“Adapted Disclaimers” for small digital ads must comply with the following rules:

  1. a clear statement that the internet ad is paid for and identify the person(s) who paid for the ad using the sponsor’s full name or a commonly understood abbreviation or acronym by which the sponsor is known;
  2. a clear and conspicuous, visible or audible, indicator (words, image, sound, symbol or icon) to the viewer that s/he may read, observe, or listen to a full disclaimer through a technological mechanism that is one touch away;
  3. a technological mechanism that enables the person reading, observing, or listening to the ad to read, observe, or listen to a full disclaimer after no more than one action by the viewer, which can be (but is not limited to) a hover-over text, pop-up screens, scrolling text, rotating panels, or hyperlink to a landing page.

Other Clarifications

In adopting these provisions, the FEC expressly is not applying the stand-by-your-ad requirements to internet communications because those rules apply solely to television and radio ads.   

The new regulation also updates the technologies encompassed in regulated paid advertising. The old regulation covered paid advertisements on third-party “websites,” while the new regulation expands coverage to any third-party “website, digital device, application, or advertising platform.” Because these technologies were assumed to be covered under the existing regulation’s reference to “website,” they are not considered substantive changes in the regulation but rather a clarification.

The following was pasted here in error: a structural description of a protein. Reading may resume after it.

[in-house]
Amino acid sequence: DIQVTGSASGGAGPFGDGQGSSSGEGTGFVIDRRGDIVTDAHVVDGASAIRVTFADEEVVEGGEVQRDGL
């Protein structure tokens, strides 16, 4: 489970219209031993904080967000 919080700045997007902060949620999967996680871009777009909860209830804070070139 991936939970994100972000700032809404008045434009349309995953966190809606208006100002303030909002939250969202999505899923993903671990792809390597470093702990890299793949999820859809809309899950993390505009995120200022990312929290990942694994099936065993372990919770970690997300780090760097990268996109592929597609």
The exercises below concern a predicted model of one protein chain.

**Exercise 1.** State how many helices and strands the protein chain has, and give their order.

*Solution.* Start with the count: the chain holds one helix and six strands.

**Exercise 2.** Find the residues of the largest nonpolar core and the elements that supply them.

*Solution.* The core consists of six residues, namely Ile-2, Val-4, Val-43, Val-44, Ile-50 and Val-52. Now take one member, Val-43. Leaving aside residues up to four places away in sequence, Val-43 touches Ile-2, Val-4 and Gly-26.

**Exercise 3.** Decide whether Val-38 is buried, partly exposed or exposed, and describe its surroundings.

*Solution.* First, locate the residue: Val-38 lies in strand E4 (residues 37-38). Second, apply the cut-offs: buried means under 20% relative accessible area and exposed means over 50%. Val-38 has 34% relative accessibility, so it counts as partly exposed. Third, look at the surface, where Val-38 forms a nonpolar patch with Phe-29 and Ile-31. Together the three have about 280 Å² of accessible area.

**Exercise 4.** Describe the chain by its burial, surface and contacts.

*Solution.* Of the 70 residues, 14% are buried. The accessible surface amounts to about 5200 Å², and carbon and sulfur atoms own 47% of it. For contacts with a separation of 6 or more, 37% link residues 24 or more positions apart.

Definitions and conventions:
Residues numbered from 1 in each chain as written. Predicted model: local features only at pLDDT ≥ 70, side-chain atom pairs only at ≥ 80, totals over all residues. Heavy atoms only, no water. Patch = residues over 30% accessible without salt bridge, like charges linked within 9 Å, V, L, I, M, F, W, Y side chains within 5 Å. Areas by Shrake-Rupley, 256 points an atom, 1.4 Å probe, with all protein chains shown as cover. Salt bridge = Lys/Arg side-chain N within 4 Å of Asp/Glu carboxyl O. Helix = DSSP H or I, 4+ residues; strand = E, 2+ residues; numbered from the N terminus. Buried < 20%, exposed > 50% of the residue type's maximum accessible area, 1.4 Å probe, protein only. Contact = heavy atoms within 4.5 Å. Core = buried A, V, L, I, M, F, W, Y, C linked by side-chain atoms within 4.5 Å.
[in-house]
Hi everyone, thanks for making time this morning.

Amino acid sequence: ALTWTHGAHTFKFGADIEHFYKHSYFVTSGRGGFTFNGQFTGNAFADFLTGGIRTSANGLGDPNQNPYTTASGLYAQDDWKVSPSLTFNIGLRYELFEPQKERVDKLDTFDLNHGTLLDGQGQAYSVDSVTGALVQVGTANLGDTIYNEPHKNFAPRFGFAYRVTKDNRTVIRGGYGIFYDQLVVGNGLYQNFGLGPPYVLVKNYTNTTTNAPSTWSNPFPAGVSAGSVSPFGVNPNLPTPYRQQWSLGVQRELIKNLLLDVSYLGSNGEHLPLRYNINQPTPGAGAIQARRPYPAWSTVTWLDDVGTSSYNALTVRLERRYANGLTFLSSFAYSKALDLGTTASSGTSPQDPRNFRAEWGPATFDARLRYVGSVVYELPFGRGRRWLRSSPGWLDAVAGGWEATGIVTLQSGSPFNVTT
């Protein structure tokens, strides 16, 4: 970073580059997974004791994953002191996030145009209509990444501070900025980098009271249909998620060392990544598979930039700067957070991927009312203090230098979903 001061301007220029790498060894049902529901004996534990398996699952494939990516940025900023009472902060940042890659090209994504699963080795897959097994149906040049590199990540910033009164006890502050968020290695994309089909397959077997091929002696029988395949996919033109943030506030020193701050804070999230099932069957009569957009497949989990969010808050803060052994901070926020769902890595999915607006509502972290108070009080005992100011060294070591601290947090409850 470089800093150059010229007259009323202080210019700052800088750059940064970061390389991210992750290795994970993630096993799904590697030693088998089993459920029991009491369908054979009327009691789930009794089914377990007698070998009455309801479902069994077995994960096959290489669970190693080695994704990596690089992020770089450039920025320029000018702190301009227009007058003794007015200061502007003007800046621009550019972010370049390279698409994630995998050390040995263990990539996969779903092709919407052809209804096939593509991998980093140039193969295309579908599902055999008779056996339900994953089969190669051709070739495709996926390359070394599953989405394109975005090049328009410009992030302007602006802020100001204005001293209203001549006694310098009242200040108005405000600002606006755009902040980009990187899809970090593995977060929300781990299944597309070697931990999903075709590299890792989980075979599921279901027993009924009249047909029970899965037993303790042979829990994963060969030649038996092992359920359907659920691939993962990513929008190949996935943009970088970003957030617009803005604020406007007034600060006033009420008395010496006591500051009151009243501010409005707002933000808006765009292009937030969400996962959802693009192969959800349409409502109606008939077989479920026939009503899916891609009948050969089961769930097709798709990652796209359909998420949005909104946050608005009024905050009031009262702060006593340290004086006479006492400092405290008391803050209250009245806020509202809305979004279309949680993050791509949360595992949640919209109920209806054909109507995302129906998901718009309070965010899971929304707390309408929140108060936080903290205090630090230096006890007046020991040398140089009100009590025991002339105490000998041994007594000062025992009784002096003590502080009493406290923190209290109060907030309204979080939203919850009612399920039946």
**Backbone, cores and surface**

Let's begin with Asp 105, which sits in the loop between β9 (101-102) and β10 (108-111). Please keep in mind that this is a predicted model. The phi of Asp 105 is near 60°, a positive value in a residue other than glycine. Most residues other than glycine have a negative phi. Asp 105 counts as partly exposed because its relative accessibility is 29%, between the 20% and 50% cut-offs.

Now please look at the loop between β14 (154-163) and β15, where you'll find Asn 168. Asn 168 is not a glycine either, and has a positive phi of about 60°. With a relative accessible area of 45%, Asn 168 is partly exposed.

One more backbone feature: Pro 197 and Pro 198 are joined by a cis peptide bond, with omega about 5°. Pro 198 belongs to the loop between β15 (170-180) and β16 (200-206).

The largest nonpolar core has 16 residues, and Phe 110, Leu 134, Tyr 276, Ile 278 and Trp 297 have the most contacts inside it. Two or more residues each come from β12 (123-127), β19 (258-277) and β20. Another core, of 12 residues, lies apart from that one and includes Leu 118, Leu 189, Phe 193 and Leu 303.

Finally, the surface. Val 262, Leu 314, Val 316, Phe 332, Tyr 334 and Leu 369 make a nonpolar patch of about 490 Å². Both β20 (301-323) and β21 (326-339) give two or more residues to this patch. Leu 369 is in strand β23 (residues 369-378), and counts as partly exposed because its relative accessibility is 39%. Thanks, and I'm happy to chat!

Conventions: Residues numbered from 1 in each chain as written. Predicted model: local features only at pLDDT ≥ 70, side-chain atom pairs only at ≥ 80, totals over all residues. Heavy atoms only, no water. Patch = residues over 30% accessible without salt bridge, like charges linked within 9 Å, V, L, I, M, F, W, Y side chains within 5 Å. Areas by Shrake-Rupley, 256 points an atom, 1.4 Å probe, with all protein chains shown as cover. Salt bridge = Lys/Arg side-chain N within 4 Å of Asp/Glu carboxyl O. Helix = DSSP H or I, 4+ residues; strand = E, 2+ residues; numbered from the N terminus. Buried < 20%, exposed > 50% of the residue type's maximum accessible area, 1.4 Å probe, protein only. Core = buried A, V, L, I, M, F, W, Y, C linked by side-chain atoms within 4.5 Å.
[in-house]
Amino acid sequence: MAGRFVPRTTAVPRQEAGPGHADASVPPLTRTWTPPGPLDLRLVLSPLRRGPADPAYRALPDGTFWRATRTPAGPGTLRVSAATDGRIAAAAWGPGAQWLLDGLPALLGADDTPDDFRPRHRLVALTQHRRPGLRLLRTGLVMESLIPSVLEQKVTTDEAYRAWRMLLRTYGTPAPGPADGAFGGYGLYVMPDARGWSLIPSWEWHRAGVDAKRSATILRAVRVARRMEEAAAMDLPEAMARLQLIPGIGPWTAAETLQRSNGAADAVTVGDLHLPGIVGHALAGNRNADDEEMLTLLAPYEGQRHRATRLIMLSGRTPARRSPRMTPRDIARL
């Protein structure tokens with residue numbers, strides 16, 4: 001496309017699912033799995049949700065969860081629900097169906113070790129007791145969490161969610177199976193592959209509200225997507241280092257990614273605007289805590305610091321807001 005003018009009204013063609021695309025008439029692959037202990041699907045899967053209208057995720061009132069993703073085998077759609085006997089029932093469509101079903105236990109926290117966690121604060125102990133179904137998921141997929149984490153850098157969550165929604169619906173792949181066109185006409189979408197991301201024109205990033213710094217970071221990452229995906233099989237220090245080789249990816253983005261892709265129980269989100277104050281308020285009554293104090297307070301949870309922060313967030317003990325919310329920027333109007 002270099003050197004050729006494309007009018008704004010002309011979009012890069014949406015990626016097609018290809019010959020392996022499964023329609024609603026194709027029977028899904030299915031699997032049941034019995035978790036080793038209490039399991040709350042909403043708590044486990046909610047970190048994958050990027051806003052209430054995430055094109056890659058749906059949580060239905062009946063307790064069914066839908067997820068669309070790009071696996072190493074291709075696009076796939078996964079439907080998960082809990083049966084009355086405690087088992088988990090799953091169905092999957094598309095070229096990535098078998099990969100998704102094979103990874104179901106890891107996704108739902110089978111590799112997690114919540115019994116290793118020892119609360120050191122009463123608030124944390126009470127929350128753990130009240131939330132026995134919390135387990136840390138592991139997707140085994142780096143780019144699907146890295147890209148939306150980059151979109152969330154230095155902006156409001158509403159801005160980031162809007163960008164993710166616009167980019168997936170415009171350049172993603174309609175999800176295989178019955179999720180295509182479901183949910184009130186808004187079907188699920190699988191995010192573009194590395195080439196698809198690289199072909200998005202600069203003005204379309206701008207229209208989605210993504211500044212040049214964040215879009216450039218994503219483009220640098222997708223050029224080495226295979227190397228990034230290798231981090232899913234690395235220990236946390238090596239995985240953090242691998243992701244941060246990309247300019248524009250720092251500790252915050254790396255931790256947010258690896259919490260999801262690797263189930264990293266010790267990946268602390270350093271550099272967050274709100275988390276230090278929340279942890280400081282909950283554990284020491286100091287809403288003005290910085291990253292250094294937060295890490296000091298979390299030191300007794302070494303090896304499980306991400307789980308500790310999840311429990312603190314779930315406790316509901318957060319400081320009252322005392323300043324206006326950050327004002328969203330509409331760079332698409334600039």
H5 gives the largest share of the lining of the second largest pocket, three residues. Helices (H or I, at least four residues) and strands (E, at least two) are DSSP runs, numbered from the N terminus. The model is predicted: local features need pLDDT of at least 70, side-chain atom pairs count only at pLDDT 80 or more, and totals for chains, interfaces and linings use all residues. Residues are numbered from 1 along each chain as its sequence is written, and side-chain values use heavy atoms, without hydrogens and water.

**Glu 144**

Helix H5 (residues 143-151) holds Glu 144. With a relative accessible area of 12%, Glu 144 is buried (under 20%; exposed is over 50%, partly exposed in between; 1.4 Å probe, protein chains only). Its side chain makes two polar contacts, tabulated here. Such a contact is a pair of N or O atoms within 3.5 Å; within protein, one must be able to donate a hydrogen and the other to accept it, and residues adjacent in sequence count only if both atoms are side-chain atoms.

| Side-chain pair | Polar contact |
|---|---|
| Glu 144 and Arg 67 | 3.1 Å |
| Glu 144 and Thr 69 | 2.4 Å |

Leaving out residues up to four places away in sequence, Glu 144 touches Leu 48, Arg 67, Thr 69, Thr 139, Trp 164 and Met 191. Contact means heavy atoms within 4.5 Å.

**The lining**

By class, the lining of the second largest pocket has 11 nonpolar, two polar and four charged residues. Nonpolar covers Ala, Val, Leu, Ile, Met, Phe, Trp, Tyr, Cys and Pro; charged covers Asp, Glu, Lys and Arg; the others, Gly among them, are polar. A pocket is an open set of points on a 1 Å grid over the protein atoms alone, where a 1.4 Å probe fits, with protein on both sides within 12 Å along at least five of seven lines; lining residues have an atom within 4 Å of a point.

Additional Interpretative Statements by Individual Commissioners

The vote to adopt the new rules was accompanied by two contemporaneous statements by individual Commissioners. Commissioner Sean Cooksey made clear that the new disclaimer rules do not entirely remove the applicability of the “small items exemptions” (wholly exempting a communication from carrying any disclaimer) for “small-item advertisements and communications for which disclaimers are impracticable, such as with exceptionally short video clips.” That reference appears to apply to brief videos such as 5-second paid video ads. Likewise, Chairman Allen Dickerson and Commissioner Trey Trainor issued a statement underscoring that “the impracticable and small item exemptions serve as backstops within our regulations … and they apply by extension to all media formats regulated by the Commission, including internet advertisements.” These statements indicate that three commissioners will continue to exempt some very small or very brief digital ads even from the new Adapted Disclaimer rule.